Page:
This article was published in Australian Dictionary of Biography, Volume 7, (MUP), 1979
John Wear Burton (1875-1970), Methodist minister, was born on 8 March 1875 at Lazenby, Yorkshire, England, second son of Robert Burton, joiner, and his wife Maria, née Bell. In 1883, to benefit Maria's health, the family migrated to New Zealand, eventually settling at Masterton. Burton left school at 12 and worked as a fleece-picker and in a retail store before becoming apprenticed to his father's wheelwright trade. At 17, influenced by a family missionary tradition and an active local church life, he became a lay preacher and in 1895 began theological training in Auckland. Appointed as a probationer two years later to Paeroa, where he studied part time for matriculation, and then to Malvern, he enrolled for university work at Canterbury, saving for fees and fares by 'batching' in the local church vestry. In 1897 he attended the inaugural meeting in Melbourne of the Student Christian Movement of Australia and New Zealand. There he joined the Student Volunteer Movement whose members were pledged to be missionaries. After ordination in 1901 he was shifted to Christchurch but was soon asked to take charge of Indian missionary work in Fiji. On the day of departure, 24 April 1902, he married Florence Mildred Hadfield (d.1953).
In Fiji Burton was appalled by the indentured Indian labourers' living conditions on the sugar estates, and exposed the abuses in his most influential and controversial book, Fiji of Today (London, 1910). It was regarded as a pioneer work by Rev. C. F. Andrews in India, whose later agitation helped to terminate the indenture system in 1920.
Family illness forced Burton to return to New Zealand in 1910. After three years in New Plymouth he was invited by F. J. Cato to be secretary in Victoria for overseas missions. At the University of Melbourne he continued his interrupted studies (B.A., 1918; M. A., 1920). In 1918-20, as an honorary major with the Young Men's Christian Association, his assisted with the demobilization of Australian troops in London, where he was converted to pacifism. Returning to Victoria, he indicated his growing interest in Christian unity, sponsoring United Mission Study Schools and helping to initiate the National Missionary Council, of which he was chairman for eleven years.
In 1925-45 Burton was general secretary in Sydney of the Methodist Missionary Society of Australasia. Though criticized for his dominance, he was an outstanding leader during the Depression and World War II, with a natural organizing ability and a capacity for single-minded pursuit of aims. His astute recommendations often effected decisive changes in mission policy. He regularly visited stations in India, north Australia and the Pacific and was an early advocate of devolution of authority. Convinced of the need for better-qualified missionaries, he introduced training programmes including language study and a course in anthropology devised by A. P. Elkin. For six years secretary of the Australian Intercommunion Group, Burton helped draft a mutual communion formula for use in Papua; it was subsequently adopted by Episcopal and Presbyterian churches in the United States of America and by the United Church of North India. In 1935, reputedly while sitting on a log in the outback, Burton and John Flynn originated the concept of a united church in north Australia, which was achieved in 1946.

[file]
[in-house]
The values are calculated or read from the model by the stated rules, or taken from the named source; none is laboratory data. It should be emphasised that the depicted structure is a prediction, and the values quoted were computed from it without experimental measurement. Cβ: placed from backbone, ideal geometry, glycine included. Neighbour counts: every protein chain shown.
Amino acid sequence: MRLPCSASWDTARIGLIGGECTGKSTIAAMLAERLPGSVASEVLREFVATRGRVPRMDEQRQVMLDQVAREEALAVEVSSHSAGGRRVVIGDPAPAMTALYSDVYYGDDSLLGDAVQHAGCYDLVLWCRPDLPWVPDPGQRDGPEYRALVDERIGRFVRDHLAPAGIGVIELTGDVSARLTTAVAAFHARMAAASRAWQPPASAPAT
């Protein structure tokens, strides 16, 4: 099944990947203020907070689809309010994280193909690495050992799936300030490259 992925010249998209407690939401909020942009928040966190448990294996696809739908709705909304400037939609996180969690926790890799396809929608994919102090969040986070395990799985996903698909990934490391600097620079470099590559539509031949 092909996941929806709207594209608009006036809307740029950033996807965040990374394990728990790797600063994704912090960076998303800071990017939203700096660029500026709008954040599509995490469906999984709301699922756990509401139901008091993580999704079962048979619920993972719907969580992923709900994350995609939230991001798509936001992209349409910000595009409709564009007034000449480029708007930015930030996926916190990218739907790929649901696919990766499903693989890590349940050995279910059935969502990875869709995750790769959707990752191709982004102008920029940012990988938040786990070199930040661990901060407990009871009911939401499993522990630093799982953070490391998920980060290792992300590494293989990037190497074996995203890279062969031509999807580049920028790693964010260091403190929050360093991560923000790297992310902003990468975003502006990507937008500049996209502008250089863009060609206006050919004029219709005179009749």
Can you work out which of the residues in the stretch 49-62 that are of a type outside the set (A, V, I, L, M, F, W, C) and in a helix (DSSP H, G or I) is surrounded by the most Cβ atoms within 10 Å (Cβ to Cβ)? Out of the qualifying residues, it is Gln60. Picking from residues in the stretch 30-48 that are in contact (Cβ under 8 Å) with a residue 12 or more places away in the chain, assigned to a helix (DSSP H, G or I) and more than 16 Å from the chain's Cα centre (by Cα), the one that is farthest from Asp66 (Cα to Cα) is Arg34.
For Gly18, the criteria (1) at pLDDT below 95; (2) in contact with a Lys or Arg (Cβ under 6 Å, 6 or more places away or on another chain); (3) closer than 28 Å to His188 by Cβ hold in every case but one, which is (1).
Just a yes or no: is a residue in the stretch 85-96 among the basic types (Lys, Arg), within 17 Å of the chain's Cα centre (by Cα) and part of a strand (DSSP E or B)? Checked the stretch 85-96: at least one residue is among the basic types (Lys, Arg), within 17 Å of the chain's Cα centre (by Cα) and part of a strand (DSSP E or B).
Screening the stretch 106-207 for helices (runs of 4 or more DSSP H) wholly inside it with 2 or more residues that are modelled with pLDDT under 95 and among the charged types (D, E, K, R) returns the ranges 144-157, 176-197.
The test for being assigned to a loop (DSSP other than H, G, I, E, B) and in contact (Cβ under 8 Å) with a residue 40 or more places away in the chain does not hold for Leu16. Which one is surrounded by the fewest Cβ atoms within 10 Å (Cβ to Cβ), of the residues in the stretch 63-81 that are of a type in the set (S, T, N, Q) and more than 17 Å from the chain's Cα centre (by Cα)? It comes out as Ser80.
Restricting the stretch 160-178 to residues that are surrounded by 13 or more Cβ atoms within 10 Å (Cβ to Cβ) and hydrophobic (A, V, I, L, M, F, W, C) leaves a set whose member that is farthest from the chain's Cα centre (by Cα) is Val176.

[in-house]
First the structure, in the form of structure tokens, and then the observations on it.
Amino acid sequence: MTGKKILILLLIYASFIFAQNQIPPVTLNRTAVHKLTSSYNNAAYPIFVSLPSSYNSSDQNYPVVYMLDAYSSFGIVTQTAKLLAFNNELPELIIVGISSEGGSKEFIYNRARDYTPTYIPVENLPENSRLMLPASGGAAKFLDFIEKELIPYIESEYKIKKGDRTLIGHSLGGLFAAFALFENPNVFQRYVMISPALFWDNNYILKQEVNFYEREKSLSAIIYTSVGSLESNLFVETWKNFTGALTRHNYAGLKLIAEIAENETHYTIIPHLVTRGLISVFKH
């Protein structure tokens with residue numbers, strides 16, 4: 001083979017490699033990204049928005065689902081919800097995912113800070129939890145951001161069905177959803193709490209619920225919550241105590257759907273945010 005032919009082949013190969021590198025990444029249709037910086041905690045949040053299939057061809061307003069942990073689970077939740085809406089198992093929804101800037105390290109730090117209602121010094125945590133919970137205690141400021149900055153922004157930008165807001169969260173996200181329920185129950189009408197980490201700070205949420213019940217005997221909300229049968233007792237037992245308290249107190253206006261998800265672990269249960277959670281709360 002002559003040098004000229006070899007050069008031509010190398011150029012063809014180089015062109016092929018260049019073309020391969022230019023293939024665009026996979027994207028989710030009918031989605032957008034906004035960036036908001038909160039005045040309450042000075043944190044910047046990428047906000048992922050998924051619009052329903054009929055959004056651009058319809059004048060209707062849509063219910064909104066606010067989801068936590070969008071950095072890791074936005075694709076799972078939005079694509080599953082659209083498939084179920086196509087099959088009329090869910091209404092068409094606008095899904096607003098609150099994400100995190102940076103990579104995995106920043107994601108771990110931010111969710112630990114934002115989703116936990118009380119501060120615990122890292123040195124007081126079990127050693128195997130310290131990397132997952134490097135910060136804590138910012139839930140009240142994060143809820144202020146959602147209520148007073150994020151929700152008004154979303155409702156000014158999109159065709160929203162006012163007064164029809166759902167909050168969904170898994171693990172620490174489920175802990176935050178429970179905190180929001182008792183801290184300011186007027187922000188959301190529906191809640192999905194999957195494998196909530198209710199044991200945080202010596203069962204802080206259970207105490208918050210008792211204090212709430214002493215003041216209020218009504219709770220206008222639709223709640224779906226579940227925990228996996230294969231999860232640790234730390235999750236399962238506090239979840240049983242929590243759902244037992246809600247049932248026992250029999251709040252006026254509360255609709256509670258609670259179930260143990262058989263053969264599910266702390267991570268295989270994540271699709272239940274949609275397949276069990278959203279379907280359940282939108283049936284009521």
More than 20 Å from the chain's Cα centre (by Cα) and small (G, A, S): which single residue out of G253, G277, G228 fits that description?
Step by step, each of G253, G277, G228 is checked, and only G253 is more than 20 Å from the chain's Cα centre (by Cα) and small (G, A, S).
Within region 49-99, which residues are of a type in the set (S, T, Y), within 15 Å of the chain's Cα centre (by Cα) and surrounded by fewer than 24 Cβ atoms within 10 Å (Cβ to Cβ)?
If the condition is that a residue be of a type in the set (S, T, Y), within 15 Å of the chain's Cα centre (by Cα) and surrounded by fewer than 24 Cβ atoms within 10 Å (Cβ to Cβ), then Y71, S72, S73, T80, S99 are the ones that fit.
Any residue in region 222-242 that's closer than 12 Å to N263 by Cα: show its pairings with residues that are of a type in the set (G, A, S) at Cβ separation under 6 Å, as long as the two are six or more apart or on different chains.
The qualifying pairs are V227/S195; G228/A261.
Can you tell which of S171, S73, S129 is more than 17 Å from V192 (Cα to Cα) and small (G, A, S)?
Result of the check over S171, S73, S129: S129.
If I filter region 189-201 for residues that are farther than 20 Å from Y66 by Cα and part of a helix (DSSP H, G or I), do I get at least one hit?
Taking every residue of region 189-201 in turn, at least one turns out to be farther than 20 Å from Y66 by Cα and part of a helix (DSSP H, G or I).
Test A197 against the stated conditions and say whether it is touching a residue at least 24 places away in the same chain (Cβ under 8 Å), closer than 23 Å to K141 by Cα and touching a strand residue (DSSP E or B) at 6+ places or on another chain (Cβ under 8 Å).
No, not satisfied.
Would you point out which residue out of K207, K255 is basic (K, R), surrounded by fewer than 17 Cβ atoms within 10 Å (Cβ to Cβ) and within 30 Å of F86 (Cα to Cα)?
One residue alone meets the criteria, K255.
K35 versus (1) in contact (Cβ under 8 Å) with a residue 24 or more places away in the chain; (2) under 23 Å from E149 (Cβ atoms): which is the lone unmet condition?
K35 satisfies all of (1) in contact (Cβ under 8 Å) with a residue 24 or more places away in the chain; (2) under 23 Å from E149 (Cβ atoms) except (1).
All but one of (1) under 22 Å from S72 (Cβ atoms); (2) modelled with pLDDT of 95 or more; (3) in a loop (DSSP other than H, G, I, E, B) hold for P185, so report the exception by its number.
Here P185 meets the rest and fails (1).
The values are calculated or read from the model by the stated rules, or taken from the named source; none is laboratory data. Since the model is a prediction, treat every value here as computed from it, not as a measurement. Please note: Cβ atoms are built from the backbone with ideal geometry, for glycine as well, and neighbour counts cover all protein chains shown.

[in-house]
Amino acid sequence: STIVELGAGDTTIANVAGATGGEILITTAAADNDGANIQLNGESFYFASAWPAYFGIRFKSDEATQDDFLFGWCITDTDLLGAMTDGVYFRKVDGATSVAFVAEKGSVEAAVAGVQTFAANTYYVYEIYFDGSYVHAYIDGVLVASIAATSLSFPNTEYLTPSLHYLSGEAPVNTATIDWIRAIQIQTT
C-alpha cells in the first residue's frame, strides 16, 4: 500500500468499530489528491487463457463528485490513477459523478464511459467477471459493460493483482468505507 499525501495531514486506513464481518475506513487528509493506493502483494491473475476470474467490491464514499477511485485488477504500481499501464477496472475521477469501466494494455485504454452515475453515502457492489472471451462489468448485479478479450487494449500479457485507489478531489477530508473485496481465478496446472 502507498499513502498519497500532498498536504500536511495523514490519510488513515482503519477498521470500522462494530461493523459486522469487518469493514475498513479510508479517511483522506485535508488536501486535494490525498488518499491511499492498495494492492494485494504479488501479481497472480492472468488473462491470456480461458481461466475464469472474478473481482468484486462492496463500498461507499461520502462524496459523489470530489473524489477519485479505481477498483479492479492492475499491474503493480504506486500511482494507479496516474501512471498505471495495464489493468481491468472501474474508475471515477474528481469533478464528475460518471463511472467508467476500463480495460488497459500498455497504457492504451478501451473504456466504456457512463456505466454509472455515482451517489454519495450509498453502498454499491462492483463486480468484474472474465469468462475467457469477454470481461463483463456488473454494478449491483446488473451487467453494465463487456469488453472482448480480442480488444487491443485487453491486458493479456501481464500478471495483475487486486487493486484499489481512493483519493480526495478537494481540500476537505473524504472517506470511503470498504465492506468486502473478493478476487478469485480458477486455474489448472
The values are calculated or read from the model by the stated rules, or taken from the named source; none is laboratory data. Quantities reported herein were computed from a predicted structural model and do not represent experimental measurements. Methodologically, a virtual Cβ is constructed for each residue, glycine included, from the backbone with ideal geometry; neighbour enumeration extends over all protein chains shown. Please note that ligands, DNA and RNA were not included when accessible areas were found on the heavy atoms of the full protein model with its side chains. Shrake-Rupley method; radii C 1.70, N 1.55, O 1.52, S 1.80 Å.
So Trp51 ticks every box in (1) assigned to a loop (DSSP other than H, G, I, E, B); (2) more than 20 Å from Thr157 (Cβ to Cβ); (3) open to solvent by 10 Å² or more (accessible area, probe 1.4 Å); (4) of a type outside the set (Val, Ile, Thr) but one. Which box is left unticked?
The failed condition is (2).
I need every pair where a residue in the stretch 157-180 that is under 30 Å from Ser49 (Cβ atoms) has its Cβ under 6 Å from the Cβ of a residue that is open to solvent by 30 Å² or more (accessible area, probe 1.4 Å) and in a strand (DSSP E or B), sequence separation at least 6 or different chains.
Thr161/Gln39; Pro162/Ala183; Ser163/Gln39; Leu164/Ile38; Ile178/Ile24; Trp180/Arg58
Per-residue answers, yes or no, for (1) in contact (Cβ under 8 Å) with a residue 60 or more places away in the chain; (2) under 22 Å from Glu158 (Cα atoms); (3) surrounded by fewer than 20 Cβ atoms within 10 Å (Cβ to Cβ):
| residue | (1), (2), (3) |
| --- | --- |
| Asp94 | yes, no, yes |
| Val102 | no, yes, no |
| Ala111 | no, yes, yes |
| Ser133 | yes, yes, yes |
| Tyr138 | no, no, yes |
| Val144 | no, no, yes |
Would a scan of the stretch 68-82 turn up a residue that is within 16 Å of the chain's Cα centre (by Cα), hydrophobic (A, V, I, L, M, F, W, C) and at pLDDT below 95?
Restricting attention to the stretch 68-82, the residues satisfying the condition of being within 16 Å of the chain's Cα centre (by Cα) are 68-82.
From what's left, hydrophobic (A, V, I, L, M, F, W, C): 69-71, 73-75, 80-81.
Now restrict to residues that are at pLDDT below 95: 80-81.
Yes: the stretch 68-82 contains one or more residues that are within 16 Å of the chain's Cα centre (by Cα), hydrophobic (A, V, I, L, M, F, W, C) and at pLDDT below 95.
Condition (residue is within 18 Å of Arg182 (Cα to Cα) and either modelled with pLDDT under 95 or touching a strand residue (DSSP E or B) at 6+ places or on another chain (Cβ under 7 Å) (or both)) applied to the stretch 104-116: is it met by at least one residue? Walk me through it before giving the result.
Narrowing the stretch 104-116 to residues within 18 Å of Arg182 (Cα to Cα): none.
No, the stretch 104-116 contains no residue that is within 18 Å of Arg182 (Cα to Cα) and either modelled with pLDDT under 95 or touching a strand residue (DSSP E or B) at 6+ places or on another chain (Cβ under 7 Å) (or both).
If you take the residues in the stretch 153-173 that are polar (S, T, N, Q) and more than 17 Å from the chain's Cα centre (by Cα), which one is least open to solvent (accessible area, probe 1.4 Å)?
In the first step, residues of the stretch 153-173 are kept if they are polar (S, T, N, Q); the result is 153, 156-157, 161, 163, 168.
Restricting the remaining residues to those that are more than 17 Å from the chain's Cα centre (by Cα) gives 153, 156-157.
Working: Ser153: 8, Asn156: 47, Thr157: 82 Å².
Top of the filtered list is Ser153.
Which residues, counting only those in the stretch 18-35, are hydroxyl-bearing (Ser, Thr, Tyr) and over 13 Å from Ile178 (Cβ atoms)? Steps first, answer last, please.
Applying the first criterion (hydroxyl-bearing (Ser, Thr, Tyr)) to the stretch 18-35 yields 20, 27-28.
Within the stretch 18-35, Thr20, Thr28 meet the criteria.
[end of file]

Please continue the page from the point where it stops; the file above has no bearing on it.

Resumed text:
A student of Bonhoeffer and Tillich and a member of the local 'Heretics' club, Burton acquired a reputation as a theological radical which was confirmed by his support for Professor Samuel Angus though, like others at the time, he was cautious in his public utterances. In 1931 he had been president of the New South Wales Methodist Conference. He was president-general of the Methodist Church of Australasia in 1945-48, his elevation having been deferred during the war because of his uncompromising pacifism. He toured North America in 1945, receiving an honorary doctorate of divinity from Victoria University, Toronto. Retiring from the ministry in 1948, he was one of Australia's two representatives on the South Pacific Commission until 1950. Survived by five children, he died on 22 May 1970. His son John Wear was secretary of the Department of External Affairs in 1947-50.
Burton was handsome yet austere in appearance. Disdaining popular judgments and adhering to principles of justice and utterance of Christian conscience, he belonged to the social and humanitarian tradition of Dr Charles Strong, one of his heroes. For twenty-three years editor of the Missionary Review, Burton clear-sightedly analyzed missionary achievement in its editorials. His published works dealt with the responsibility of colonial nations to their dependent territories, and the role of the missions in assisting their peoples through years of rapid modernization.
A. W. Thornley, 'Burton, John Wear (1875–1970)', Australian Dictionary of Biography, National Centre of Biography, Australian National University, http://adb.anu.edu.au/biography/burton-john-wear-5438/text9231, published first in hardcopy 1979, accessed online 30 November 2015.
This article was first published in hardcopy in Australian Dictionary of Biography, Volume 7, (MUP), 1979